• The greatest deviation was seen when looking at the While co-sourcing and outsourcing activity was most wide-compensation shared services model results. While 63% spread in benefit and retirement related programs, it didand 51% in the Americas and EMEA, respectively, stated factor in other rewards related areas. When asked to indicatethey have a shared services model for compensation, satisfaction with any of these outsourced rewards services,only 29% was seen in Asia-Pacific. There was also a respondents indicated the results shown in Exhibit 14.significant deviation in results when looking at the finalsalary pension/ defined benefit shared services model Across the regions there was generally a consistent levelwhere 30% and 24% in the Americas and EMEA, respec- of satisfaction seen with the various services. While mosttively, indicated they have a shared services model for this respondents appear to be satisfied with the outsourcedservice while 59% was seen in Asia-Pacific. rewards services, there are some interesting comparison points in the data. In the U.S. for example, the percentage of “very satisfied” with call center service, web content, and data administration and integrity fell from the last year’s results.Exhibit 14. Please indicate your satisfaction with any of your Rewards services that are outsourced in the categoriesprovided below. Service Accuracy 2% 8% 30% 51% 9% Service Timeliness 1% 7% 27% 56% 8% Call Center Service 2% 9% 33% 49% 7% Web Capabilities 2% 8% 20% 59% 12%Service to You as a Client 2% 8% 27% 52% 10%Communication Services 1% 5% 21% 60% 13% Data Administration 1% 10% 22% 52% 14% Implementation and 2% 7% 24% 59% 8% Change Management Contract Terms 1% 7% 14% 65% 13% Value for Fees 1% 7% 16% 64% 13% Very dissatisfied Dissatisfied Neither satisfied nor dissatisfied Satisfied Very satisfied14
    • Methodology and demographics Going global in 2013 Survey respondents were asked to respond as repre- The Top Five Global Employer Rewards Priorities Survey has sentatives of their employers with the exception of two been conducted annually since 1994. However, different questions asking their personal challenges and related than years past, the 2013 edition asked HR professionals actions. For purposes of this survey, the phrase “Total internationally to participate as well, making this the first Rewards” is defined as all compensation, benefits, Global Top Five Survey. The survey continues to be jointly perquisites and any other direct or indirect payments to sponsored by Deloitte and the ISCEBS, and was developed employees. and conducted by Deloitte Human Capital professionals, in collaboration with the International Foundation and Conducted between October and December 2012, the ISCEBS. survey was completed by 415 responses online, and represents employers in 27 different countries across the Americas, EMEA, and Asia-Pacific. The survey also repre- sents a diverse cross-section of employer populations by industry and size. EMEA Austria Ireland Poland Sweden Czech Republic Italy Saudi Arabia Switzerland France Kenya South Africa Uganda Germany Netherlands Spain United KingdomAmericasArgentinaBoliviaBrazilCanadaMexicoUnited StatesUruguay Asia-Pacific India South Korea Malaysia Japan 2013 Top Five Global Employer Rewards Priorities Survey 15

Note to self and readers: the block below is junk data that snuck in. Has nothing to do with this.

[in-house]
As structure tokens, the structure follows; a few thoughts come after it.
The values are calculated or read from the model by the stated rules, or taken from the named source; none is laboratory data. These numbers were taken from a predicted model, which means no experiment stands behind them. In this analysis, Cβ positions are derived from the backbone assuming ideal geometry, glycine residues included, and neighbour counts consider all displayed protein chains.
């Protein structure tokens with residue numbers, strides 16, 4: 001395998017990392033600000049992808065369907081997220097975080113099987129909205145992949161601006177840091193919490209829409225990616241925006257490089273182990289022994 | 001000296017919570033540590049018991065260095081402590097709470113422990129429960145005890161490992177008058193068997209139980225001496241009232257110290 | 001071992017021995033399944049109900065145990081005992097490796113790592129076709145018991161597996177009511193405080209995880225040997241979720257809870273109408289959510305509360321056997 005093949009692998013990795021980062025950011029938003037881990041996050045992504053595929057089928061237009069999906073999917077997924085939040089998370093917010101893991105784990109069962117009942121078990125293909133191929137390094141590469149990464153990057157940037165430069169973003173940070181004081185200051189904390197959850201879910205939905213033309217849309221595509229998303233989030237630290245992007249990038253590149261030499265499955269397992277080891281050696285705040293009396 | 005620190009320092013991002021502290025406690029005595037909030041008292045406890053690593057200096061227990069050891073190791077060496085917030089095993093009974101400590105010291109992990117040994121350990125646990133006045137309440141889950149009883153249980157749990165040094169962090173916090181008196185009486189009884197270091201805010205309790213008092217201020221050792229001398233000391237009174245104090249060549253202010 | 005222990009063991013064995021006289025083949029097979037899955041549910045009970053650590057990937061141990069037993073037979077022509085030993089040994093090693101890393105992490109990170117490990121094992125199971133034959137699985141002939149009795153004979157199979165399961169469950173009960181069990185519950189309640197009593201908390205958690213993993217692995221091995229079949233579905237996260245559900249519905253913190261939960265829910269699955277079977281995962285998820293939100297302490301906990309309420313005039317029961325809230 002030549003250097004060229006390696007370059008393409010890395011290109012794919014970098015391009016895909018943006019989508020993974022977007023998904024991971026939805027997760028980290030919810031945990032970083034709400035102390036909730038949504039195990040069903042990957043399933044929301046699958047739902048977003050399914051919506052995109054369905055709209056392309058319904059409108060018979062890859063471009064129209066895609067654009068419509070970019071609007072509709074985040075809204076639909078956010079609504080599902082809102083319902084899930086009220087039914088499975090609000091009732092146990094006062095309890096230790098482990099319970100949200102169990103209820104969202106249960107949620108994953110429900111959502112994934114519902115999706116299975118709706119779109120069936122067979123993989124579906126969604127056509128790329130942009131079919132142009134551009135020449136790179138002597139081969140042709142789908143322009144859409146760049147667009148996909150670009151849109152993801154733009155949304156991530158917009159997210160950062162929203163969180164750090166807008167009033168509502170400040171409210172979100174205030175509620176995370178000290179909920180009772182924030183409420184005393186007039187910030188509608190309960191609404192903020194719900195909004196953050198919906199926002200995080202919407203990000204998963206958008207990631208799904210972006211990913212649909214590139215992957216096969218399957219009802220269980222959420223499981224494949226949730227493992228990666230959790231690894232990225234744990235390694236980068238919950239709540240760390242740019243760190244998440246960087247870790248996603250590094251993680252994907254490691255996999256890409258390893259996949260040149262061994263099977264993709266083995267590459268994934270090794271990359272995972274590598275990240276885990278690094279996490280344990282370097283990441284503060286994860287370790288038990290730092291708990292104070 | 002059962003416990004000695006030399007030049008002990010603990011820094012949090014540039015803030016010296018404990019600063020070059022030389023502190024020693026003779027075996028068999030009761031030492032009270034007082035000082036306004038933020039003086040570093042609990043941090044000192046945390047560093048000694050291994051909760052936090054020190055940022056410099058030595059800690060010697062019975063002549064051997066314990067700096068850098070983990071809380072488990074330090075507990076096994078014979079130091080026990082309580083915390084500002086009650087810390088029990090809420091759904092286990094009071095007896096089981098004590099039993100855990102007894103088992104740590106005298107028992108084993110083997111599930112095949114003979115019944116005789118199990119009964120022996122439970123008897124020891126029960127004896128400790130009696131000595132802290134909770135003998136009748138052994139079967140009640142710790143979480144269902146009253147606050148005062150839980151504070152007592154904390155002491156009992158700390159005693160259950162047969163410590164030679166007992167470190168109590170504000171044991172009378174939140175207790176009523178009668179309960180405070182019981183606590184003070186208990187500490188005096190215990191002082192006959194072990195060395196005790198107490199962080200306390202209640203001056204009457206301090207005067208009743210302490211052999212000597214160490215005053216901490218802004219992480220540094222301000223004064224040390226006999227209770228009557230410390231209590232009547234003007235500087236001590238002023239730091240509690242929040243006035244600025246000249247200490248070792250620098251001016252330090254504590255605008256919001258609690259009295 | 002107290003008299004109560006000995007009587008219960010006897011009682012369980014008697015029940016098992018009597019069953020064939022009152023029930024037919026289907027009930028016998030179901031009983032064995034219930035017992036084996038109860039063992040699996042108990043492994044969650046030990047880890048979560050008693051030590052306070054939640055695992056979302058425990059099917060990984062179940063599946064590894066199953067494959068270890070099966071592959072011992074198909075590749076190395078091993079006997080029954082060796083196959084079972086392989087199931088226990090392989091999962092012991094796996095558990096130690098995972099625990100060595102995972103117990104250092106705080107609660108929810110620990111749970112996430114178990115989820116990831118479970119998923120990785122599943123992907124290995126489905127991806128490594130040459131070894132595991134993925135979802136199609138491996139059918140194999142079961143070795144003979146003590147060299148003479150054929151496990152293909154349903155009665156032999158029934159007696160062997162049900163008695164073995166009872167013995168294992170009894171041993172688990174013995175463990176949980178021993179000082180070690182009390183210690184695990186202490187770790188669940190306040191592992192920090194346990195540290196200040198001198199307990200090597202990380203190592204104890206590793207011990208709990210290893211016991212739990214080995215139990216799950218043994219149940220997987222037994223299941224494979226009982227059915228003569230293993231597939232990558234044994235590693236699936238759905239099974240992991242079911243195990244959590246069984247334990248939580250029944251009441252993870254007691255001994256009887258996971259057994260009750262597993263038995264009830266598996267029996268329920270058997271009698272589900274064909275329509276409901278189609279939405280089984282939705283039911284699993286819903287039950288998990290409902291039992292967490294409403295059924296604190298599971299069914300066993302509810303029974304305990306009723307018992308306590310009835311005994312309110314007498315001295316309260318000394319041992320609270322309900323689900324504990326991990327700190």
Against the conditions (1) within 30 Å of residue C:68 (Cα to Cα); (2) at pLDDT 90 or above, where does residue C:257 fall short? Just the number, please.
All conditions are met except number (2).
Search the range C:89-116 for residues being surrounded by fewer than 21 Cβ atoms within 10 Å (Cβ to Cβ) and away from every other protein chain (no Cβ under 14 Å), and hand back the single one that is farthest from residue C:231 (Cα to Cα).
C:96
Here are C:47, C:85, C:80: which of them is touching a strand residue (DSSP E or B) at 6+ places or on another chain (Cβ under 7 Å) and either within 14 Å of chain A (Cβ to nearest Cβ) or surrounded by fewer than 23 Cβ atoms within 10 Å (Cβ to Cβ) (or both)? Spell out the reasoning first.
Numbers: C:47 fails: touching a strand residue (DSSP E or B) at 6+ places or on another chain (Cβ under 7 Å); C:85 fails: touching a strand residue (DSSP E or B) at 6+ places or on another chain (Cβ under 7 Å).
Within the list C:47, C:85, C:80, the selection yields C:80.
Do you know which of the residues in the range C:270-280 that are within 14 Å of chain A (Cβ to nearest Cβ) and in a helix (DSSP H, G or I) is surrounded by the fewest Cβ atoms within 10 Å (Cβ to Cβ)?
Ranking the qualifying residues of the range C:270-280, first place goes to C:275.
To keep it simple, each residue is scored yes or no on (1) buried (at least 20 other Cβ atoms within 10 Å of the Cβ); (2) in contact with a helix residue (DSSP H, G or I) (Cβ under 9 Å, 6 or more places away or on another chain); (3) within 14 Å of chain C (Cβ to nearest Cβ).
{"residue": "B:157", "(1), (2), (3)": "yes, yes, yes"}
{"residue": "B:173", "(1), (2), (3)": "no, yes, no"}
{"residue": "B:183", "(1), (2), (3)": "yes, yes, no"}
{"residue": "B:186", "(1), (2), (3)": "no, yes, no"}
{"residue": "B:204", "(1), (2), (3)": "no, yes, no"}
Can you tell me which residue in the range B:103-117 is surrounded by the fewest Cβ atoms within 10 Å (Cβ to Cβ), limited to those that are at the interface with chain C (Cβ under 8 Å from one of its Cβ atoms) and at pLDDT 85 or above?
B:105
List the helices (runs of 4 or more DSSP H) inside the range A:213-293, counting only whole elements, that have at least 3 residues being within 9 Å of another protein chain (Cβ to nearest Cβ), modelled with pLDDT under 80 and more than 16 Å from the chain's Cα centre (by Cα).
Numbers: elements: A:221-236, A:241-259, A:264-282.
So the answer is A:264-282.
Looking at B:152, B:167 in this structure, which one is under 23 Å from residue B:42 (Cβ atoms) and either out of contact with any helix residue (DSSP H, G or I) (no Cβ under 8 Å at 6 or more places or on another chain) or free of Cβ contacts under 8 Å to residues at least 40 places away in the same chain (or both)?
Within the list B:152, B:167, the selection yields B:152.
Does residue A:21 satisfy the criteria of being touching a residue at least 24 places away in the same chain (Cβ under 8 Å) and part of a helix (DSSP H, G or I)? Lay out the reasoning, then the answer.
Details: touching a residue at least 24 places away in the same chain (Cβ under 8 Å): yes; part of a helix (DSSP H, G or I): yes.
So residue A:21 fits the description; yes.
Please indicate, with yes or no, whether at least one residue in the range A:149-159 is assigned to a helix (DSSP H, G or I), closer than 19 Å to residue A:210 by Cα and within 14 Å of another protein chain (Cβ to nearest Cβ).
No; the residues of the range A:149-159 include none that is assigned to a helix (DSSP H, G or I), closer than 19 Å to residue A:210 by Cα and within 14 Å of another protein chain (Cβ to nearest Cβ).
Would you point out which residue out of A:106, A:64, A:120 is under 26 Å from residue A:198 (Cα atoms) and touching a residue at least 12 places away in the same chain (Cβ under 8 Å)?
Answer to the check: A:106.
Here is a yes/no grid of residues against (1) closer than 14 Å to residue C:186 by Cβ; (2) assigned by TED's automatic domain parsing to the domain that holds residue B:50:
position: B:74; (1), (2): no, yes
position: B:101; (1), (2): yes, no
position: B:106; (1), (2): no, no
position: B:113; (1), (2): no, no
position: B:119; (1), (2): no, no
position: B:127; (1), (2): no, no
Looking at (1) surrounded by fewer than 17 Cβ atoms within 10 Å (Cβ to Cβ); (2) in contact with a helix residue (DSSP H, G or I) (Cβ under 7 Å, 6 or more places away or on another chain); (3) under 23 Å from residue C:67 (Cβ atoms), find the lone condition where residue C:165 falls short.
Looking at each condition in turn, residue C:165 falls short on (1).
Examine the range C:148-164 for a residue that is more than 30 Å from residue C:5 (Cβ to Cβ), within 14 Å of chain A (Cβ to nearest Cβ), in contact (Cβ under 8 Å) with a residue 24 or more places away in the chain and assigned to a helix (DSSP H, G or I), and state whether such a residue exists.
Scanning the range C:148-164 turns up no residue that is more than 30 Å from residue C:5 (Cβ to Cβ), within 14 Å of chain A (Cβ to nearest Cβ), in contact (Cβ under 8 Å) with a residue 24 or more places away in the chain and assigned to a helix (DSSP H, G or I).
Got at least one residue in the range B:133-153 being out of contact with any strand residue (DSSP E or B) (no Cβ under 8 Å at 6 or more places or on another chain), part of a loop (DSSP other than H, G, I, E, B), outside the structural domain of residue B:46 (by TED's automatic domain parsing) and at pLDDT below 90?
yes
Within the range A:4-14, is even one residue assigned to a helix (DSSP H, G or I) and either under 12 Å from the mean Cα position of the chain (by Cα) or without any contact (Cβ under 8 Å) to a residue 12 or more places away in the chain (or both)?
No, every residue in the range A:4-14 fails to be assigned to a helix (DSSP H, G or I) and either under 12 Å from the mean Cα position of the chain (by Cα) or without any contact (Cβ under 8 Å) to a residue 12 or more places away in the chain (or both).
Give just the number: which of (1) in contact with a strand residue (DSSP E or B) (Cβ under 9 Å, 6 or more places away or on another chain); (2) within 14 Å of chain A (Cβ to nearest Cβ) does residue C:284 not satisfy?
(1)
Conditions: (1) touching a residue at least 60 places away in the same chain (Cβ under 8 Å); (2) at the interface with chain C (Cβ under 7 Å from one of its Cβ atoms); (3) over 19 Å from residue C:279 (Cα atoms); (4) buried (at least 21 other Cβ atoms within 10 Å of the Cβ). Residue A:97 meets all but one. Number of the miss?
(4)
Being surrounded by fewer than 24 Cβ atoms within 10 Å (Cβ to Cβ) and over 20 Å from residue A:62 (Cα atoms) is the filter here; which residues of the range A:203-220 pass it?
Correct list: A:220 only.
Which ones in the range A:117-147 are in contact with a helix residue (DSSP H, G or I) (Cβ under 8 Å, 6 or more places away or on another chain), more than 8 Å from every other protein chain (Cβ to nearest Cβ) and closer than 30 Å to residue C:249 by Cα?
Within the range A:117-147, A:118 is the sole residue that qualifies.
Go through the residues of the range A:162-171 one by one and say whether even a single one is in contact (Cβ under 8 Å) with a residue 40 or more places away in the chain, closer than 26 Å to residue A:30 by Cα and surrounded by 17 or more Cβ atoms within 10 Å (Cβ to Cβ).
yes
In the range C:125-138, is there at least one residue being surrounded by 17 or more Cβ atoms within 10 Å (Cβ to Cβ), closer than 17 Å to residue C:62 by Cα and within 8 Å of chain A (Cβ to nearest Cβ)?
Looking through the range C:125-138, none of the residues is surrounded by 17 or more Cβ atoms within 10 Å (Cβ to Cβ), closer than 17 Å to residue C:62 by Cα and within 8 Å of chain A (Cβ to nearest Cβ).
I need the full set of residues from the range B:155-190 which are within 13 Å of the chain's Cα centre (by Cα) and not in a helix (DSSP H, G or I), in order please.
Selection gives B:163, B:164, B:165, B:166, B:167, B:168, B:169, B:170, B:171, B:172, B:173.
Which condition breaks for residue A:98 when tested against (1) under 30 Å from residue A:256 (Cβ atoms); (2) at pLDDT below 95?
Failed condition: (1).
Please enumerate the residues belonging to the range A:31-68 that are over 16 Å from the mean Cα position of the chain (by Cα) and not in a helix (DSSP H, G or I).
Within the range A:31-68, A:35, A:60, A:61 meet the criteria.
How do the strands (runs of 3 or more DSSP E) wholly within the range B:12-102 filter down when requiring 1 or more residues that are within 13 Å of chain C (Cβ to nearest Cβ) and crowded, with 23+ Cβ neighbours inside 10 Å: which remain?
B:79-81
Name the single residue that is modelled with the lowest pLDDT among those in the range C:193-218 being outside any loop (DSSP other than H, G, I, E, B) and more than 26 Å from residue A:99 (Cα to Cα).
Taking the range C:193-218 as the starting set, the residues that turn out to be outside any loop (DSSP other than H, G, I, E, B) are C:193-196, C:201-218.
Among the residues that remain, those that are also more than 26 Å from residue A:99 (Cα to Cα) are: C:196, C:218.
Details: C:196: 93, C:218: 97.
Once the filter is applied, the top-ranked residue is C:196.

• Exhibit 15. Participants by revenue Exhibit 16. Participants by number of employees 3% 2% 13% 5% 7% 30% 30% 18% 10% 13% 18% 21% 30% Less than $100 million USD / £65m GBP / €80m EUR Less than 500 employees/staff $100M - $500M USD / £65M - £315M GBP / €80M - €400M EUR 501 - 1,000 employees/staff $500M - $1B USD / £315M - £630M GBP / €400M - €800M EUR 1,001 - 5,000 employees/staff $1B - $5B USD / £630M - £3200M GBP / €800M - €4000M EUR 5,001 - 10,000 employees/staff Over $5B USD / £3200M GBP / €4000M EUR 10,001 - 20,000 employees/staff 20,001 - 50,000 employees/staff 50,001 - 100,000 employees/staff Over 100,000 employees/staff16
    • For more information, please contact:Americas: Asia-Pacific EMEA:David Lusk Mario Ferraro Andrew Erhardt-LewisPrincipal Director Senior ManagerDeloitte Consulting LLP, U.S. Deloitte Consulting, Singapore Deloitte Consulting, United Kingdomdlusk@deloitte.com maferraro@deloitte.com aerhardtlewis@deloitte.co.ukScott Cole Lisa Barry Magdalena JonczakSenior Manager Partner DirectorDeloitte Consulting LLP, U.S. Deloitte Consulting, Australia Deloitte Consulting, Polandscole@deloitte.com lisabarry@deloitte.com.au mjonczak@deloittece.comJaime Valenzuela Jungle Wong Gabi SaviniPartner Partner PrincipalDeloitte Consulting, Chile Deloitte Consulting, China Deloitte Consulting, South Africajvalenzuela@deloitte.com junglewong@deloitte.com.cn gsavini@deloitte.co.za 2013 Top Five Global Employer Rewards Priorities Survey 17